Raspberry Pi camera module goes on sale

News on the the Raspberry Pi camera module (5MP sensor at $25) has been around since earlier this year. Raspberry Pi camera module goes on sale article tells that THE CAMERA MODULE for the Raspberry Pi pocket computer is now available for order through RS Components and Premier Farnell/Element14. Documentation on how to set up the camera can be found on raspberrypi.org blog. This looks like an interesting addition to Raspberry Pi.


  1. Tomi Engdahl says:

    DIY Video Microscopy

    He settled on the Raspberry-Pi route. The Pi and a hard disk were attached directly to the frame of the microscope, and a VGA display connected via a converter. Finally, the Pi camera was jury-rigged to one of the eyepieces using some foam. It’s a quick and dirty hack, and not the best solution, but it works well for [voidnill] since he wanted to keep the original microscope intact.

    The standard Pi camera has a wide angle lens. It is designed to capture a large image and converge it on to the small sensor area. Converting it to macro mode is possible, but requires a hack. The lens is removed and ‘flipped over’, and fixed at a distance away from the sensor – usually with the help of an extension tube. This allows the lens to image a very small area and focus it on the (relatively) large sensor. This hack is used in the “OpenFlexure” microscope project

    EDUVAL 4 DDR Mikroskop mit Raspberry Pi Update

  2. Tomi Engdahl says:

    Build an Ultra-Affordable Digital Microscope Using a Raspberry Pi Zero W
    Microscopes aren’t just for biologists, and makers can find many practical uses for them.

  3. Tomi Engdahl says:

    IVPort V2 Raspberry Pi Camera Multiplexer

    “IVport V2″ is compatible with Raspberry Pi Camera Module V2 (8MP version).

    IVPORT V2 is compatible with Raspberry Pi Camera Module V2 with 8MP SONY IMX219 Sensor

    IVPORT and IVPORT V2 which are the first Raspberry Pi (also Raspberry Pi A,A+,B+ and Raspberry Pi 2,3 fully compatible) Camera Module multiplexer is designed to make possible connecting more than one camera module to single CSI camera port on Raspberry Pi. Multiplexing can be controlled by 3 pins for 4 camera modules, 5 pins for 8 camera modules and 9 pins for maximum up to 16 camera modules with using GPIO.

    IVPort has already been preferred by NASA, Sony, Nikon, Amazon, ESA, MIT Lab, Spacetrex Lab, well known company research centers and numerous different universities.

    IVPort Almost Stereo Capture and Video Multiplexing

    Almost stereo capture with using capture sequence. Two camera modules are connected to IVPort and capture started with using Raspberry Pi 2 and Sandisk Ultra SD Card.

    IVPort which is the first Raspberry Pi (also Raspberry Pi A,A+,B+ and Raspberry Pi 2 fully compatible) Camera Module multiplexer is designed to make possible connecting more than one camera module to single CSI camera port on Raspberry Pi.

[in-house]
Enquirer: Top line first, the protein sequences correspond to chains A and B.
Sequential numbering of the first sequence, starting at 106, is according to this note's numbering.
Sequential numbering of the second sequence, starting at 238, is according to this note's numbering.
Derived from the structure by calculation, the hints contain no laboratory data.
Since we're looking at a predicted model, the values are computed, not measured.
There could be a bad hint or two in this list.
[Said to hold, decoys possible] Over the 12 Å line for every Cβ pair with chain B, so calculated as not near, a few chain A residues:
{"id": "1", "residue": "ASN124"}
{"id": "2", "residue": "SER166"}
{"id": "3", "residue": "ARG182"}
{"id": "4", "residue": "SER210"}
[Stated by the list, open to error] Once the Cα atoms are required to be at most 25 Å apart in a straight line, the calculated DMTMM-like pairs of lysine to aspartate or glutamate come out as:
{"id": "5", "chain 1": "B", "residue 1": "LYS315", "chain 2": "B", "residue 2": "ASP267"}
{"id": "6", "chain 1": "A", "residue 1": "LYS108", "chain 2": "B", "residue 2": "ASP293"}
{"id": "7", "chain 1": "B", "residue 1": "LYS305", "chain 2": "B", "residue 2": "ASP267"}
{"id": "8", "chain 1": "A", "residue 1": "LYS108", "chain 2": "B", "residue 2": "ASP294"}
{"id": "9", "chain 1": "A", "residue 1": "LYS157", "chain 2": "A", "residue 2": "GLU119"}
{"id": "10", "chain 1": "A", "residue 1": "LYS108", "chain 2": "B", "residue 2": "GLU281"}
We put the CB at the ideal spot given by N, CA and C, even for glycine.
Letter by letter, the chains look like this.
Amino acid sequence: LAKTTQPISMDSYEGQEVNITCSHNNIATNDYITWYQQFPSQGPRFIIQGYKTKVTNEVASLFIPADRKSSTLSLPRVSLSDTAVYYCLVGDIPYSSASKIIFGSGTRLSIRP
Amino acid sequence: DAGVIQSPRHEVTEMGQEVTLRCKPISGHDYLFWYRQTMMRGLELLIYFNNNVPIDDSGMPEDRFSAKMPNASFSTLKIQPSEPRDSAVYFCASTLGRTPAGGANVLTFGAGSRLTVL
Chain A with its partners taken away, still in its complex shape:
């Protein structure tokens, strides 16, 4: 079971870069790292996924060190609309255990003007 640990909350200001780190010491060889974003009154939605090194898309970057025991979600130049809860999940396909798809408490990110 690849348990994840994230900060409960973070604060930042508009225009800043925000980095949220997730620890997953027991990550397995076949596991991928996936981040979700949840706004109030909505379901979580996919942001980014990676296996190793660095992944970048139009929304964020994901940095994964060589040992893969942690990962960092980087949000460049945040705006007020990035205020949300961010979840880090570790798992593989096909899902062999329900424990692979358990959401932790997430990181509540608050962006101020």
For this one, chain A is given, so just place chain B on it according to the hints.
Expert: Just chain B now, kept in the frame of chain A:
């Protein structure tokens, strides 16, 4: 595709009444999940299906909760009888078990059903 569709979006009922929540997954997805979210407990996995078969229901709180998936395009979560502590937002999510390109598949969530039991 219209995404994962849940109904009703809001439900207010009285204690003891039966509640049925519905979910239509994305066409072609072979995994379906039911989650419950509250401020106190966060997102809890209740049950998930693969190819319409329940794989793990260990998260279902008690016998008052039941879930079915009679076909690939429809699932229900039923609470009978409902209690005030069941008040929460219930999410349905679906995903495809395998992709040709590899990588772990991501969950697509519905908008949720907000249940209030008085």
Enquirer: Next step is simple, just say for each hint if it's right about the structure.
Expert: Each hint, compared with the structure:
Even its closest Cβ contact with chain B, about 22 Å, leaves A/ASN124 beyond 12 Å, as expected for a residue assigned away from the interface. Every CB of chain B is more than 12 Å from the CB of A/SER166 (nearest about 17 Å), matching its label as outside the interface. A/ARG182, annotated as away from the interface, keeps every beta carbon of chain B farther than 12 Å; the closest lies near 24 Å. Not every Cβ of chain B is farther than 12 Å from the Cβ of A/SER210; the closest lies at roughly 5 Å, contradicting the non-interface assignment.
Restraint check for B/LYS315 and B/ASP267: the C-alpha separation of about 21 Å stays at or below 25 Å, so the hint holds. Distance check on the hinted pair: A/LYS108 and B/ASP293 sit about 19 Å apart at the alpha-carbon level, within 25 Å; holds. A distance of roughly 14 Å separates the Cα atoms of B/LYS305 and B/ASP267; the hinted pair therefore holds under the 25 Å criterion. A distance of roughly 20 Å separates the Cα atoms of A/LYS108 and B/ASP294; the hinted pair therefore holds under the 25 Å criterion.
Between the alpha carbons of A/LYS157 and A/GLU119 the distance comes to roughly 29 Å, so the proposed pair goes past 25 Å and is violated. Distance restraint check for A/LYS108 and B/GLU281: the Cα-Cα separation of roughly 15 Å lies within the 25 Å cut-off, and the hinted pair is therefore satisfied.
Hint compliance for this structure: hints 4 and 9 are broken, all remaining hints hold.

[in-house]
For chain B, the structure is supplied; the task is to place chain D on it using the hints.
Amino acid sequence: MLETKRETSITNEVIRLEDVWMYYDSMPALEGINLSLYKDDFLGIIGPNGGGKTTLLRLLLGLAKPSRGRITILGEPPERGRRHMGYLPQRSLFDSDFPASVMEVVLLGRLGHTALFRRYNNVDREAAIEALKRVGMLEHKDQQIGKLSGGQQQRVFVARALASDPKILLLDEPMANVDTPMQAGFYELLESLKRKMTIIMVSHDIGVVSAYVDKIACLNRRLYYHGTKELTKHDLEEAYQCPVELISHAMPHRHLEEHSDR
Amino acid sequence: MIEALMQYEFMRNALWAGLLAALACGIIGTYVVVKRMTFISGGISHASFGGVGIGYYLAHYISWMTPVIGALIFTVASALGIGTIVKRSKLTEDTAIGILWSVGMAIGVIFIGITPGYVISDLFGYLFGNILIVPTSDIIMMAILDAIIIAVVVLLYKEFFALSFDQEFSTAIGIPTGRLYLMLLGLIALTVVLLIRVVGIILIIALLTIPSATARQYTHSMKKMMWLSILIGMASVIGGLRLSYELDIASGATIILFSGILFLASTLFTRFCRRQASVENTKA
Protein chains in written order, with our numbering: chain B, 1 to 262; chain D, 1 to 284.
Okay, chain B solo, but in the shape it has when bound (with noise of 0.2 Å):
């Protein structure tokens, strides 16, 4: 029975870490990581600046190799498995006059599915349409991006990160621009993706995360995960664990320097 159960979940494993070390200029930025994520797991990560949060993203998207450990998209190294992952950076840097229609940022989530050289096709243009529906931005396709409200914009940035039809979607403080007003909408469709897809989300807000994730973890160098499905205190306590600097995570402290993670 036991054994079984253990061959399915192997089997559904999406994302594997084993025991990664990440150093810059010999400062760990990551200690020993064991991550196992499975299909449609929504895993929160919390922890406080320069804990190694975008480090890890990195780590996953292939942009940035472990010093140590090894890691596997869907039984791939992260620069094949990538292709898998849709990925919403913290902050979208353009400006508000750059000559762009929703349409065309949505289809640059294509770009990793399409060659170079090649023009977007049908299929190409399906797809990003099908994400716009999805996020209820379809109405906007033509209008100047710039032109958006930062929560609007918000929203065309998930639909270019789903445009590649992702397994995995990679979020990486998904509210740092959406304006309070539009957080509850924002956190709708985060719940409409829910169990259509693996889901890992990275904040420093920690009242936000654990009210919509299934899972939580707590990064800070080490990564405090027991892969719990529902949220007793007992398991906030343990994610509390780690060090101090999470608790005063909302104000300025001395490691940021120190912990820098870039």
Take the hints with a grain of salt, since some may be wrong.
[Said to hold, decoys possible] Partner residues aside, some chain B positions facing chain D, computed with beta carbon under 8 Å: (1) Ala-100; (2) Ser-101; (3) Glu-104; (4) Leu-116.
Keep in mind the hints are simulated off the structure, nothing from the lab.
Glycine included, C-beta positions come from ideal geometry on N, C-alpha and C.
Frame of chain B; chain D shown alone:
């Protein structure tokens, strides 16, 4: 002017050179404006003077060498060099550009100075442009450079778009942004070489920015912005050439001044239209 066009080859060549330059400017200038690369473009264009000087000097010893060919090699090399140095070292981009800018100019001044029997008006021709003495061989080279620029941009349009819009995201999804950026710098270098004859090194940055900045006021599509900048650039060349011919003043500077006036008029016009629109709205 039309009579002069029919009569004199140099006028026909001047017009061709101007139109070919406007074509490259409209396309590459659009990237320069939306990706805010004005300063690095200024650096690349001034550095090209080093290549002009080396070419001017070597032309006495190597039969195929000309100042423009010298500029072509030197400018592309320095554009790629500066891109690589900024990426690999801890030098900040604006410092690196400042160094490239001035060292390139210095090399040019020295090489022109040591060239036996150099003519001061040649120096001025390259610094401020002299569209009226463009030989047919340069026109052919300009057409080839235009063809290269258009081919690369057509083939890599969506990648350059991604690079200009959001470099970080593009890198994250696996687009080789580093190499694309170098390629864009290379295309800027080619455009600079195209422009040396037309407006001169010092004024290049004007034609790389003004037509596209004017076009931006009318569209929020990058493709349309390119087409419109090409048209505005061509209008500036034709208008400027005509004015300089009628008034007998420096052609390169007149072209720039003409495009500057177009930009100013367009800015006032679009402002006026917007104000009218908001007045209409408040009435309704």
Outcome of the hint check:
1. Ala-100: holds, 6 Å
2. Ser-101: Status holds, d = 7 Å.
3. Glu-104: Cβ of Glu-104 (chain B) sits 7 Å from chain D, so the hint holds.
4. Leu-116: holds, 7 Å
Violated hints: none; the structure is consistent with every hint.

4. Tomi Engdahl says:

    Quick And Dirty Digital Conversion For Analog SLR

    The unarguable benefits of digital photography has rendered the analog SLR obsolete for most purposes. This means that a wide selection of cameras and lenses are available on the second hand market for pennies on the dollar, making them ripe targets for hacking. [drtonis] decided to experiment with a quick and easy digital conversion to an old Canon A-1, and it’s got us excited about the possibilities.

    It’s a simple hack, but a fun one. The SLR is opened up, and the spring plate for holding the film is removed. A Raspberry Pi camera then has its original lens removed, and is placed inside the film compartment. It’s held in with electrical tape, upon a 3mm shim to space it correctly to work with the original optics.


  5. Tomi Engdahl says:

    Camrd Raspberry Pi-Powered Rugged Camera Offers Smart Object Recognition, Waste Tracking

    Designed to be fully rugged, the Camrd includes standalone base camera or object recognition capabilities.

    Environmentalist Paul Kinsella has launched a crowdfunding campaign for the Camrd Camera, a Raspberry Pi-powered outdoor camera with object recognition capabilities and up to a 220-degree field of vision.

    Inside the ruggedized and weatherproof housing of the Camrd is a Raspberry Pi 3 Model B+ board fitted with a 64GB microSD card for both the operating system and to store up to seven days of Full HD (1080p) video footage. The camera module, meanwhile, is placed behind a choice of 160 degree or 220 degree fish-eye lenses — themselves protected by a water-resistant glass dome.

    Control of the camera system comes through a web portal, capable of pulling recorded or live video and still images as well as installing software updates


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